“It was more the playing style. Life was good, the people were great, the stadiums and the pitches were amazing, everything was perfect, to be honest. At the end, it comes down to your job. You have to enjoy your work; you’re coming to Norwich to do well in your profession. And when things don’t work out – whether that’s you don’t perform or the way the team play doesn’t really suit you, or even both, it’s really annoying for everyone.”
But those struggles are now well and truly behind him as he continues to light up the Eredivisie. Only former West Ham man Sebastian Haller – another big-money striker who struggled on these shores – has notched more league goals than the 15 that Van Wolfswinkel has plundered for Twente this year.
The move back to Holland which has helped Van Wolfswinkel resurrect his career has seen the former Norwich man come “full-circle”. The move was engineered by Twente’s sporting director; who ironically was also the sporting director when Van Wolfswinkel penned his first pro-contract as a teenager at Vitesse Arnhem.
Now aged 33, there’s a chance that Van Wolfswinkel could see out his career in his homeland – but that wasn’t necessarily part of the plan.
“The Eredivisie is sort of home to me. I grew up here. I don’t believe really in planning things, because in football you never know. But it was a real good option. I always know there’s a place for me in Holland, so I can always go back here. I’m fresh and fit, I’ve really found my place.”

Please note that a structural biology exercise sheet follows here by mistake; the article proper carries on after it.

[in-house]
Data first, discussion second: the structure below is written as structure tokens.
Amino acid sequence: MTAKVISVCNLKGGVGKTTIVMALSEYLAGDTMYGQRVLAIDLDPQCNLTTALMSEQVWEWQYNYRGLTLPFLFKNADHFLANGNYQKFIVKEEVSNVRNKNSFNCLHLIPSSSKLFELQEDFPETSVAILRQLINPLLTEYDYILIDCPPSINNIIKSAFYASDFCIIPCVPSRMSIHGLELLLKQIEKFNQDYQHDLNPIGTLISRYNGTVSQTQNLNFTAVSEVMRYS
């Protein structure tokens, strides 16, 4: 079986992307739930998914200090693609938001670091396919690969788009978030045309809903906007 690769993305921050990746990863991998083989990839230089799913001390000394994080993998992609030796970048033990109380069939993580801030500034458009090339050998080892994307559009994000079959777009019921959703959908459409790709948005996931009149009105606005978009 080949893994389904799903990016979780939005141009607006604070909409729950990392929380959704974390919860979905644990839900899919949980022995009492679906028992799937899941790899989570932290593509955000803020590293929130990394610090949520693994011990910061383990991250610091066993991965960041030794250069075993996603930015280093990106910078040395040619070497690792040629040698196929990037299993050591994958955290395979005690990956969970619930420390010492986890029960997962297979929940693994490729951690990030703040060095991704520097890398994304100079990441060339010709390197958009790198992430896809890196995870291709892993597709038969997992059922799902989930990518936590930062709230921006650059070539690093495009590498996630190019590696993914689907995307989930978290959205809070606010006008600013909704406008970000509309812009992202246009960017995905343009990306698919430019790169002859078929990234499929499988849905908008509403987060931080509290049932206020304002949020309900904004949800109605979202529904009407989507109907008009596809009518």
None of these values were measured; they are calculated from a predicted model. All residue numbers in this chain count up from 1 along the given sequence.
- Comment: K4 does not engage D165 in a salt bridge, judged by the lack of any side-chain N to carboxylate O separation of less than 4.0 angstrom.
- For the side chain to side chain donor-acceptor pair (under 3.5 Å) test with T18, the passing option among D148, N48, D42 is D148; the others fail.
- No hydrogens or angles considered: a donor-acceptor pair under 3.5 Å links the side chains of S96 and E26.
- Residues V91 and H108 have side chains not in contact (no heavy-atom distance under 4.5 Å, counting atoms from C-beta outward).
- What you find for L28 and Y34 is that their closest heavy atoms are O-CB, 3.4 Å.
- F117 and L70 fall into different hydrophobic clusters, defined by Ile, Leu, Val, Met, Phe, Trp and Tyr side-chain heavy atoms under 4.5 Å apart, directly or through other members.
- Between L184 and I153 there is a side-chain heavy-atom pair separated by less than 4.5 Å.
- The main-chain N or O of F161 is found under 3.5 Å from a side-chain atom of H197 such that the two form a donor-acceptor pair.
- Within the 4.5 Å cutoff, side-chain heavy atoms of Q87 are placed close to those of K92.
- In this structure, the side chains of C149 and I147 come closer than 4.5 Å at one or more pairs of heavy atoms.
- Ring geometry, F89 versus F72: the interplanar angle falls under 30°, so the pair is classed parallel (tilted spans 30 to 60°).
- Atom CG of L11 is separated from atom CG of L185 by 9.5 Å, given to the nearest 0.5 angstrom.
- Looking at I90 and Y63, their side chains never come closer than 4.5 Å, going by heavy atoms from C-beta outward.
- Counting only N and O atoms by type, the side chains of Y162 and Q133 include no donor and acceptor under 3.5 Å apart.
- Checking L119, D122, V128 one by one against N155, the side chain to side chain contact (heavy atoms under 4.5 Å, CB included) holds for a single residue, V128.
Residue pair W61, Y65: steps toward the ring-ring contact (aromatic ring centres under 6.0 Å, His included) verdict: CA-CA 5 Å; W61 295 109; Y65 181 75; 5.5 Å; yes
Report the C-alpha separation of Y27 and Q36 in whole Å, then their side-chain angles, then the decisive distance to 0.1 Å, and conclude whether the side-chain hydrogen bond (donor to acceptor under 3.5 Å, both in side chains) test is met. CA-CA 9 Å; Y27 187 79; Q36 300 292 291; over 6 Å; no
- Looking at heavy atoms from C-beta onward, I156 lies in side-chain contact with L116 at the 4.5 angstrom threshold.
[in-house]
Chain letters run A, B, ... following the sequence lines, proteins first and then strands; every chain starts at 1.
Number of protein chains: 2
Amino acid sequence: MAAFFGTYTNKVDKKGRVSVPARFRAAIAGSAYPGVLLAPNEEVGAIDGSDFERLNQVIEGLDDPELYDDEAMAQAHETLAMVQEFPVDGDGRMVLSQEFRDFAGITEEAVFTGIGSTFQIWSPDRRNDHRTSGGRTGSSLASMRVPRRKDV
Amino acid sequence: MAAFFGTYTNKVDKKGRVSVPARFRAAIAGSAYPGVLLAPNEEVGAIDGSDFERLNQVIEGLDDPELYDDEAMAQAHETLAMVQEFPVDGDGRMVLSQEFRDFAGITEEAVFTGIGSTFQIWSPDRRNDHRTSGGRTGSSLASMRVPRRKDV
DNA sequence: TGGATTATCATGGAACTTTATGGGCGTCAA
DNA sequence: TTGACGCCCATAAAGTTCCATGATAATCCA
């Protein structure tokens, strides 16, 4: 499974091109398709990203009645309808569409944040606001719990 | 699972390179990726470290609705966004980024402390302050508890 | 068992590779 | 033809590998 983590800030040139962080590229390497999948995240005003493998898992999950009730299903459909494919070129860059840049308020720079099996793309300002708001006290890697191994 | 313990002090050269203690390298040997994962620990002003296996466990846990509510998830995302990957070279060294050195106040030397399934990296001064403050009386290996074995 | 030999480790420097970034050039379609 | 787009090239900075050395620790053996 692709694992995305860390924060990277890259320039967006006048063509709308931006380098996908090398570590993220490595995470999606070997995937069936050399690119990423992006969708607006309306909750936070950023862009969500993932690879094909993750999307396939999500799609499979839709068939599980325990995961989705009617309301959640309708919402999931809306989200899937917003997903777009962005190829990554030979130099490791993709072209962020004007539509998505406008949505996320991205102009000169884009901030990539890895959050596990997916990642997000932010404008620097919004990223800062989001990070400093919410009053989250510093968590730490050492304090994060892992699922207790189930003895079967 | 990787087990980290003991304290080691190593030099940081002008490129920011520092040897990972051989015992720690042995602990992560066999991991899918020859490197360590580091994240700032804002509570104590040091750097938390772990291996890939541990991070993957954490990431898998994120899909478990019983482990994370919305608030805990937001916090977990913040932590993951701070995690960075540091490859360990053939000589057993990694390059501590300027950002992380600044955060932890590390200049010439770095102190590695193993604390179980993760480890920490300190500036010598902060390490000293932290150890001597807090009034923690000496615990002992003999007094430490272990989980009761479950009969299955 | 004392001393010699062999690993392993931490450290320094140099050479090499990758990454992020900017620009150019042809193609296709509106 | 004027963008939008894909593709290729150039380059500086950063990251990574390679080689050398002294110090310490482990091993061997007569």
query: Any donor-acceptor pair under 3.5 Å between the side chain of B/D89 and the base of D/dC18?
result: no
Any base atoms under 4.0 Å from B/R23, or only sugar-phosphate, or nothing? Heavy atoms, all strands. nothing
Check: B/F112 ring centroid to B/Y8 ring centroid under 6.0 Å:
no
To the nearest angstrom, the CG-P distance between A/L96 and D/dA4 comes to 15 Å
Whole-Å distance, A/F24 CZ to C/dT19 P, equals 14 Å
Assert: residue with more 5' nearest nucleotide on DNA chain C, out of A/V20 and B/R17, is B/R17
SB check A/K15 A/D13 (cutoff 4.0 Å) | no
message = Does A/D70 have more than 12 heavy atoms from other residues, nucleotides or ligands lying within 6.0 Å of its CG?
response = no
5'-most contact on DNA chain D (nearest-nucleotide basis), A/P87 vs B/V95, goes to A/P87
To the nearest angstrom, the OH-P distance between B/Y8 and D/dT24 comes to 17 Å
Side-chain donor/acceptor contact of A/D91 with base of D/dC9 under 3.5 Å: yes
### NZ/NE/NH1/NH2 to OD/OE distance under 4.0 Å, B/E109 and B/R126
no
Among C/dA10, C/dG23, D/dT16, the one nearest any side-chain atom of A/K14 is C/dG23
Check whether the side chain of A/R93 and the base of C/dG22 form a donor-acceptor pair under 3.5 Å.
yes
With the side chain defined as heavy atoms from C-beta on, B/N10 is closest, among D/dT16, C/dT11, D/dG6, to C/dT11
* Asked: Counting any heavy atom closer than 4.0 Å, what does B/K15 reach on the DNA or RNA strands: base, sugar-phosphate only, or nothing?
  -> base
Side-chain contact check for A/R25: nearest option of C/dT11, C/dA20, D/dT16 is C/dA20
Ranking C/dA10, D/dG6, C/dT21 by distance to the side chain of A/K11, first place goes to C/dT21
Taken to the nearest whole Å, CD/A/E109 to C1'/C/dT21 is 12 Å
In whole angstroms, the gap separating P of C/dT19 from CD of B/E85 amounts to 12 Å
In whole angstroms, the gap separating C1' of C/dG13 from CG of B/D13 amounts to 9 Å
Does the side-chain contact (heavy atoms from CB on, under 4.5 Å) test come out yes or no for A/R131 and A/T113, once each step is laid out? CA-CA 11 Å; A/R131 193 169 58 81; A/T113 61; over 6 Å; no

Twente may not be as instantly recognisable as the likes of Ajax, Feyenoord or PSV Eindhoven, but they are a club with an illustrious history. The Dutch outfit won the Eredivisie as recently as 2010 but dropped out of the top-flight due to financial issues in 2018. They manage to rebound at the first time of asking the following year.
And the Reds – led admirably by head coach Ron Jans – have been enjoying a silent renaissance ever since. After clinching a top-ten finish last year, Twente are right in the mix for Europe and are on course to clinch their first top-four finish for a decade. The club are currently in fourth spot with just a handful of games remaining before the end of the campaign.
Van Wolfswinkel admits that a top-four finish – which would see Twente compete in the play-offs for a Europa League spot – was the target at the start of the season, but the club are determined to muscle their way back into the Champions League.
He’s adamant that the club is a lot bigger than a lot of people realise – and that the people who have helped rebuild the club over the past few years now deserve to go on and put Twente back on the map.
“We’ve got some great people here. The club have had some issues in the past, but we’re a massive club with a massive stadium and a lot of fans. There’s not a big difference between the top three teams in Holland. We’ve had some financial issues in the past and because of that the club went down to the second league once, but we came back again.